Black Friday has never held any significance to me.

I hate holiday shopping out in the chain stores (I hate shopping in chain stores altogether, except maybe Barnes & Noble when my local store doesn’t have something and I’m buying for someone else; otherwise I use Amazon).

It feels like thrashing. I know it must make money for the retailers or they wouldn’t do it. They throw up a few loss leaders, and maybe add some discounting off inflated MSRPs, and people buy the TV at a loss for the store, which makes it up with overpriced cables and other accessories.

It feels like thrashing. Reminds me of Ghostbusters (hint: everything reminds me of Ghostbusters).

“Get her, that was your whole plan, huh?”

Things get slow. Customers don’t buy when you want them to. Or expect them to. Or they simply don’t buy.

So you feel like you’re fumbling around in the dark, and you are. You don’t know how to get from here to there, and can’t understand why, why aren’t people simply signing up and trying it, or trying it and buying it?

You think the product’s great, so clearly it’s something else. So you start messing with price, as though that’s the issue, and with a 1-day only discount, or end-of-month special, they’ll buy.

And maybe some do. But what does that tell you?

Nothing. Well, maybe a little. You got someone to part with their money. But they were going to buy anyway. You might have accelerated their decision cycle, but there’s a cost to any discounting beyond the money left on the table.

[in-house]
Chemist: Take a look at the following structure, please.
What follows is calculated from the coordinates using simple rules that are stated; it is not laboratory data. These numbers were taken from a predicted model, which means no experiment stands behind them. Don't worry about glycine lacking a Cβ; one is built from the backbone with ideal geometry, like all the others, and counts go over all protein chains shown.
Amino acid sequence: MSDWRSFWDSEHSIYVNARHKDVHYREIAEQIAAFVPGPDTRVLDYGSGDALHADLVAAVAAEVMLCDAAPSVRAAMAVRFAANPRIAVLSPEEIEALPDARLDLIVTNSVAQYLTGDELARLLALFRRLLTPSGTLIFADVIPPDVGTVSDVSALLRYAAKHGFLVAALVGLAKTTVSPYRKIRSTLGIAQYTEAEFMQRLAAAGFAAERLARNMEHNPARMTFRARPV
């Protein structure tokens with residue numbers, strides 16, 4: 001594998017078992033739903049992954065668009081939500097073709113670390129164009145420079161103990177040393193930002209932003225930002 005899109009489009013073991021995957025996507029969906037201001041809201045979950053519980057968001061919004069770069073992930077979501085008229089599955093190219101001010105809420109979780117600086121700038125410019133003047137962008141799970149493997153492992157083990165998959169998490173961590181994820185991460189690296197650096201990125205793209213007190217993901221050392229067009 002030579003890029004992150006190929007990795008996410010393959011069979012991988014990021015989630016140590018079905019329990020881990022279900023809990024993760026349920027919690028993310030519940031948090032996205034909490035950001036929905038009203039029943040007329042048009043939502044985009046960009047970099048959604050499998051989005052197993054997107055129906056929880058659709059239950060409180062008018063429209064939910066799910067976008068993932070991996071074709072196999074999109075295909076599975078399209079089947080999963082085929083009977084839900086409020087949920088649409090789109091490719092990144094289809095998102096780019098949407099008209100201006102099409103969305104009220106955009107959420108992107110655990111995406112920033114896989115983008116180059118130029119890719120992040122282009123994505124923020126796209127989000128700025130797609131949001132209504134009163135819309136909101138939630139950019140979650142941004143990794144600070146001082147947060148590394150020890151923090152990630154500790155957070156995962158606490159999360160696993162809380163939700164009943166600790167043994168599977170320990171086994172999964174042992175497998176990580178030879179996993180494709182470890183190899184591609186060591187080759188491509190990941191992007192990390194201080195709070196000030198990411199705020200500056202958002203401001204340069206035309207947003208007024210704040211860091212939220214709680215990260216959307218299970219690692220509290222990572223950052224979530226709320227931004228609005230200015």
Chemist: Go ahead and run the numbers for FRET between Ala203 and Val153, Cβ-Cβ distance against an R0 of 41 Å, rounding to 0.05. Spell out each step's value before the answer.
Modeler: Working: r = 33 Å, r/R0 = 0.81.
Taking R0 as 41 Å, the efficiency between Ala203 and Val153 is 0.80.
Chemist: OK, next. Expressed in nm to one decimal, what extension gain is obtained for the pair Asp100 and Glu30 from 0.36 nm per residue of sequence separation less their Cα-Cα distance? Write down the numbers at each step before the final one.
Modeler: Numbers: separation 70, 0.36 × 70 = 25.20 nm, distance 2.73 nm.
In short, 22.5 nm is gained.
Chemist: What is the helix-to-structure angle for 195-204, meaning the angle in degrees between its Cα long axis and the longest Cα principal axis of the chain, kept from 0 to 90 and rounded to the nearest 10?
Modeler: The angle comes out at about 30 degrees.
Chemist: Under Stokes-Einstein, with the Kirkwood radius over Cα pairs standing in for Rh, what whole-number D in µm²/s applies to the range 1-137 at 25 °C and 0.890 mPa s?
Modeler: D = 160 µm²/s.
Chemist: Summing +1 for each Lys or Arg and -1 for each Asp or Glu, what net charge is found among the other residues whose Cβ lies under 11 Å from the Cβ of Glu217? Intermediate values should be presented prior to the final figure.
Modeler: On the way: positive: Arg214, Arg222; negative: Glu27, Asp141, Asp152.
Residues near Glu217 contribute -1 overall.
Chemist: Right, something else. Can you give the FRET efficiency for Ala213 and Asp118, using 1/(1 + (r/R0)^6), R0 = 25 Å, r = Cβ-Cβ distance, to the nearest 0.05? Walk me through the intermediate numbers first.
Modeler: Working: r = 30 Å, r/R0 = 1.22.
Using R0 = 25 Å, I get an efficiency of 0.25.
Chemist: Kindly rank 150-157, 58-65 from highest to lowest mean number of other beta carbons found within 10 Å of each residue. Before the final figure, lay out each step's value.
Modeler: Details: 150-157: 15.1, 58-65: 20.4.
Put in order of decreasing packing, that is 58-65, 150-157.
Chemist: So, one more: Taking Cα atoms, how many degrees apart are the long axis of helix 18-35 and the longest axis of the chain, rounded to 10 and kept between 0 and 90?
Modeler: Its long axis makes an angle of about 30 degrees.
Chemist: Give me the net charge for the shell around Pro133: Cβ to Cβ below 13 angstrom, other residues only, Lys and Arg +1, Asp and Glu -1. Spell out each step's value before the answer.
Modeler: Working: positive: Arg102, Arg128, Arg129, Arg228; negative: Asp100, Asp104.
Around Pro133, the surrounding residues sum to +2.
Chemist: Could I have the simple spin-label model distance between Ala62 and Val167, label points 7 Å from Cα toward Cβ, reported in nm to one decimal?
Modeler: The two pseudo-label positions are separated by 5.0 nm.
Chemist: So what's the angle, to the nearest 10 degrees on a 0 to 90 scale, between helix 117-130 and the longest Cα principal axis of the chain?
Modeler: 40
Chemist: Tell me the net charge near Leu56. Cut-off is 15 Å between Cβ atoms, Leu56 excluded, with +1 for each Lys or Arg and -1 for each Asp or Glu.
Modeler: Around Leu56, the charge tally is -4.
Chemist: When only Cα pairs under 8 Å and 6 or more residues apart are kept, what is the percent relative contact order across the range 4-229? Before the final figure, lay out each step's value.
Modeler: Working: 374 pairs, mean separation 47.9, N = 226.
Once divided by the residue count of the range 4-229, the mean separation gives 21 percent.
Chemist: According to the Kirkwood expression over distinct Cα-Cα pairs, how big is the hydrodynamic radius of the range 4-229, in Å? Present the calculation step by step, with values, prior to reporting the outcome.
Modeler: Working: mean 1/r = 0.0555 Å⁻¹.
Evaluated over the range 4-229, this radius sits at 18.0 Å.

I’m not going to get into pricing here; it’s a tough subject for me (and most founders, I think), and really requires more time and thought than I have right now.

What I want to point out is this: don’t panic, don’t grouse, don’t feel alone in the wilderness, and don’t discount because nothing else worked.

It’s thrashing.

You need to develop a pricing strategy. You need to discover your value to potential customers. You need to test your pricing strategy. You need to dig into the data, which means you need to do the work to create the data. You need to survey your lost prospects, and find out exactly what the problem was.

  • Were you really interested in our stuff? 
  • What did you buy? 
  • Why did you buy it? 
  • How much did you pay? 
  • What did they have that we didn’t have? 
  • What problem are you trying to address? 
  • Our pricing is X, was that high, low, or just right? 
  • What do you think about the quality of our product? 
  • If we had added Y, would you have been more inclined to purchase? 

You have to do the research. Think of yourself as just that–a research company. When you talk with prospects, when you talk with lost prospects, when you talk with customers, you learn.

And then you can refine your offering. Maybe you’re missing a feature. Maybe the pricing is too low. Maybe if it were triple the price, people would take you seriously.

Maybe you’ve just been guessing all along.

I’m not a pricing expert, but this is about more than just pricing. Steve Blank has a lot of great material on customer development, which you should check out.

But I’ll say this: I have never felt more confident about setting product, pricing, marketing, sales, and customer service direction (strategy, tactics, tone, etc) than right after I talked with a few dozen prospects, customers, and lost prospects.

And out of those, the lost prospects can be the most valuable, because 1) they have nothing at stake and 2) you weren’t good enough for them and only they can tell you why.

Your customers? Great for validation. Great for future features. But the lost prospects–those are the ones who rejected you, who had higher standards, who felt more strongly about your competition, or worse, chose not to spend money at all than to spend it on your perfect shit that simply doesn’t serve them.

Stop thrashing.

Stop guessing.

Do the work.

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